Exclusion – These are things we don’t cover.  Every policy has them.  Some I’ll admit are kind of odd, but most when you think about them and understand why they are included actually make sense.  Obviously your home or auto policies don’t cover maintenance so things like wear and tear, deterioration, mechanical breakdown are specifically excluded.  Imagine how much insurance would cost if we didn’t exclude wear and tear and had to pay for every old roof on every home in America.

Coverage Limit – This is the most we will pay for a loss and is always stated on the declarations page you didn’t bother to read when you got your policy.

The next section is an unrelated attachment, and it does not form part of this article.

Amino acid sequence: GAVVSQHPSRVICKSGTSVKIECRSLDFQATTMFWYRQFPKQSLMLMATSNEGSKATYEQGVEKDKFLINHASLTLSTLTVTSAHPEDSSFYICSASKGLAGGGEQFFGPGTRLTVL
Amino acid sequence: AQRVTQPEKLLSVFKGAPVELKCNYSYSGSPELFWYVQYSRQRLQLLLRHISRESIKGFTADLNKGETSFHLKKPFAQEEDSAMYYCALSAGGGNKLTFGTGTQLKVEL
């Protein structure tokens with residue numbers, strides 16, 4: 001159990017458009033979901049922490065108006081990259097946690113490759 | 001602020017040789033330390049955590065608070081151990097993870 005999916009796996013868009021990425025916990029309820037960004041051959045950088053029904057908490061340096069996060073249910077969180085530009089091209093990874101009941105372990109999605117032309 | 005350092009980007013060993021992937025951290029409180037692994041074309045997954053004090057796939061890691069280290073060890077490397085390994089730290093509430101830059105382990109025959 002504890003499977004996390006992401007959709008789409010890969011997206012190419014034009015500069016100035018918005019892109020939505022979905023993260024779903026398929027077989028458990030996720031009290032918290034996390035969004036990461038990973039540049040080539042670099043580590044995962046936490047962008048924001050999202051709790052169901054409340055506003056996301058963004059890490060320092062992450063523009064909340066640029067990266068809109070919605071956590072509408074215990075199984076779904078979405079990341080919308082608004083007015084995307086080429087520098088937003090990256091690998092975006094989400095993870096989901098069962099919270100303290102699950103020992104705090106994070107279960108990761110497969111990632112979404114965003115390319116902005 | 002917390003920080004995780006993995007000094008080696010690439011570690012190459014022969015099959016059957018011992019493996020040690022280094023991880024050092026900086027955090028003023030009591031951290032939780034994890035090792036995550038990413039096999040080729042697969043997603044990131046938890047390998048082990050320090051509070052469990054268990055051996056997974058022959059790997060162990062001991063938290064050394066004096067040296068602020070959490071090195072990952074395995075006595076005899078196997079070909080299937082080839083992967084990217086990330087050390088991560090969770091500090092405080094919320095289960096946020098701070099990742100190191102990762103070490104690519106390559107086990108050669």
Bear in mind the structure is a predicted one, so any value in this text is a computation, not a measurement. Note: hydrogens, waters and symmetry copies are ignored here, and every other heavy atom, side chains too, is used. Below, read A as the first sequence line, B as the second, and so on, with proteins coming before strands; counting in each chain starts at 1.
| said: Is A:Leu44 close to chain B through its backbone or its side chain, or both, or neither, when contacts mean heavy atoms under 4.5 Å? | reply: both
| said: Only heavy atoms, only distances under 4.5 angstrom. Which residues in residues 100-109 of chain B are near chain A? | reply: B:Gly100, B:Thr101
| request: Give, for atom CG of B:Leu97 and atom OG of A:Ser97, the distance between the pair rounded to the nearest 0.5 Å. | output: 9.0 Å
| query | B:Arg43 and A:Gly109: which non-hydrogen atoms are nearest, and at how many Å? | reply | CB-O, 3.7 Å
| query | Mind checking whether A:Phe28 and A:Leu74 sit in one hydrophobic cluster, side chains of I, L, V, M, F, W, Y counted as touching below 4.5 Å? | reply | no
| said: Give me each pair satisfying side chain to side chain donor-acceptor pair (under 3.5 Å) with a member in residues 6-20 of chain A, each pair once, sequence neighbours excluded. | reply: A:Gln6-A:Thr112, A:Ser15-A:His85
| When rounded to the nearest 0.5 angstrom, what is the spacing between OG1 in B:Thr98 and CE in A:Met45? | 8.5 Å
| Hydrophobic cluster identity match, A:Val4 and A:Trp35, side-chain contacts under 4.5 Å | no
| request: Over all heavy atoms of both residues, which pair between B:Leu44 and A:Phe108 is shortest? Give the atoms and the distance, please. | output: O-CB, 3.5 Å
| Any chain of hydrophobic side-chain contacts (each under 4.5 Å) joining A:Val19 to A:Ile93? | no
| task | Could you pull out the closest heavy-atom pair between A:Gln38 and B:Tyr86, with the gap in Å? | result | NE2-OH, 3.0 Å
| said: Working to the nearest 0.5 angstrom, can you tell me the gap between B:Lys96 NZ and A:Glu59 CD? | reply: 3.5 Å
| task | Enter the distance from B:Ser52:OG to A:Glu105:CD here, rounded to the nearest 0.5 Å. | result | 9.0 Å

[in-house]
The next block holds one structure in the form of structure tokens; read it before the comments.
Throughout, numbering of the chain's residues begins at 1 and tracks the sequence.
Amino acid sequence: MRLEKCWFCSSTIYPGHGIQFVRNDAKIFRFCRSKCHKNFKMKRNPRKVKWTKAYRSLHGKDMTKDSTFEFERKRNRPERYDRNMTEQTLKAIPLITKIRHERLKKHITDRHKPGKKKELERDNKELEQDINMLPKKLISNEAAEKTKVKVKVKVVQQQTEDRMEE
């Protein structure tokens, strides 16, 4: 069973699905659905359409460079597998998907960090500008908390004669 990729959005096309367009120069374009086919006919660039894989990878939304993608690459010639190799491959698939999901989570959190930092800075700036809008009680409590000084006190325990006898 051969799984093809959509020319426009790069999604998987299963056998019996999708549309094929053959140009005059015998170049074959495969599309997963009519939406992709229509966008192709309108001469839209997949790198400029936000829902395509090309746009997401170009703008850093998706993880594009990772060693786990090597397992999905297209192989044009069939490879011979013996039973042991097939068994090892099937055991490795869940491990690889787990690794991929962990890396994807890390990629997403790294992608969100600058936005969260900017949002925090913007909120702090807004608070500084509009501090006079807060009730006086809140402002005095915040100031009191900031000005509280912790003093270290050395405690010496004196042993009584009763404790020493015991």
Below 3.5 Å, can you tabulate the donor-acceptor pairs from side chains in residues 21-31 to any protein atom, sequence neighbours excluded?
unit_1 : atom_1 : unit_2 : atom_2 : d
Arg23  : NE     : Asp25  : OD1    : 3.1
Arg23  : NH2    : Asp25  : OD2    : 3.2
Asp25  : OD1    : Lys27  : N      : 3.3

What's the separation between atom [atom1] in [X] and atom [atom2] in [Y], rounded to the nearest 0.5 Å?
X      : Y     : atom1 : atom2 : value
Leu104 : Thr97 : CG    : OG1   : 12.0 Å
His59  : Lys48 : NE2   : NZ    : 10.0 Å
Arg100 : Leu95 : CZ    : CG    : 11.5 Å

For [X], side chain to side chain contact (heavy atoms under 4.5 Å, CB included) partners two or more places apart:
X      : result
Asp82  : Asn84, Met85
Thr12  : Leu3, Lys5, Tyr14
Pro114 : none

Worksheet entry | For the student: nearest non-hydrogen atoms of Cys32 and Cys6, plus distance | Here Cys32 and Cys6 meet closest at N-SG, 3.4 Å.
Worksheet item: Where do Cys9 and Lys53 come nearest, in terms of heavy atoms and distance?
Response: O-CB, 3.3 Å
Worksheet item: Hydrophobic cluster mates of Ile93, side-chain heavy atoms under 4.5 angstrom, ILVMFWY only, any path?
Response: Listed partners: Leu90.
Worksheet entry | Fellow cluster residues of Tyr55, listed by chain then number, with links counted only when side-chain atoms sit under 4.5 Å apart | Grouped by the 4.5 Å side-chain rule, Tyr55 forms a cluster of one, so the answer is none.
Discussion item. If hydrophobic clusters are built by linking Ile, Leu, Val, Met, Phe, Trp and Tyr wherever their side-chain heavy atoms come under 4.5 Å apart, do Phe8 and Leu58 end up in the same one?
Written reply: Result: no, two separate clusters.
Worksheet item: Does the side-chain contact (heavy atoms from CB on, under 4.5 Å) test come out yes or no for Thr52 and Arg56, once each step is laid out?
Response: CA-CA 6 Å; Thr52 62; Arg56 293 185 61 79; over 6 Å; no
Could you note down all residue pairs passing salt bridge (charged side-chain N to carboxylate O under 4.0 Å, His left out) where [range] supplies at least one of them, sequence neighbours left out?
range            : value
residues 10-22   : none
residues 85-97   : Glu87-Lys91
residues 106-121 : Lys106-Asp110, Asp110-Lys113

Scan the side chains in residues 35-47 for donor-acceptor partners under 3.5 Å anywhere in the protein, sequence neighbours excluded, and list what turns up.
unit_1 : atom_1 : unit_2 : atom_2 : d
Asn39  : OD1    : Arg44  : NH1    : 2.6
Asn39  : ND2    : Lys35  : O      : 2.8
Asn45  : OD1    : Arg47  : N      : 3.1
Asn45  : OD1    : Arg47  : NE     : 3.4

Underwriter – This is someone you’ll never see or have any direct contact with deep in the bowels of a large office building.  This person decides how much you pay for your policy and if we’ll even agree to insure your run down ice shanty of a house.  I am NOT this person.  I don’t know why your rates went up.  I don’t know why your deductible is higher than you thought it was.  I don’t know how this claim will effect your policy and if you’ll pay higher premiums or even get dropped next year.

Well, that’s it for today.  Should you have any insurance claims related questions, maybe had a loss and just want to get a straight answer, make sure you’re getting a fair shake from your insurance carrier, etc. don’t hesitate to contact me.

–Damon

Insurance Claims, Myths vs. Reality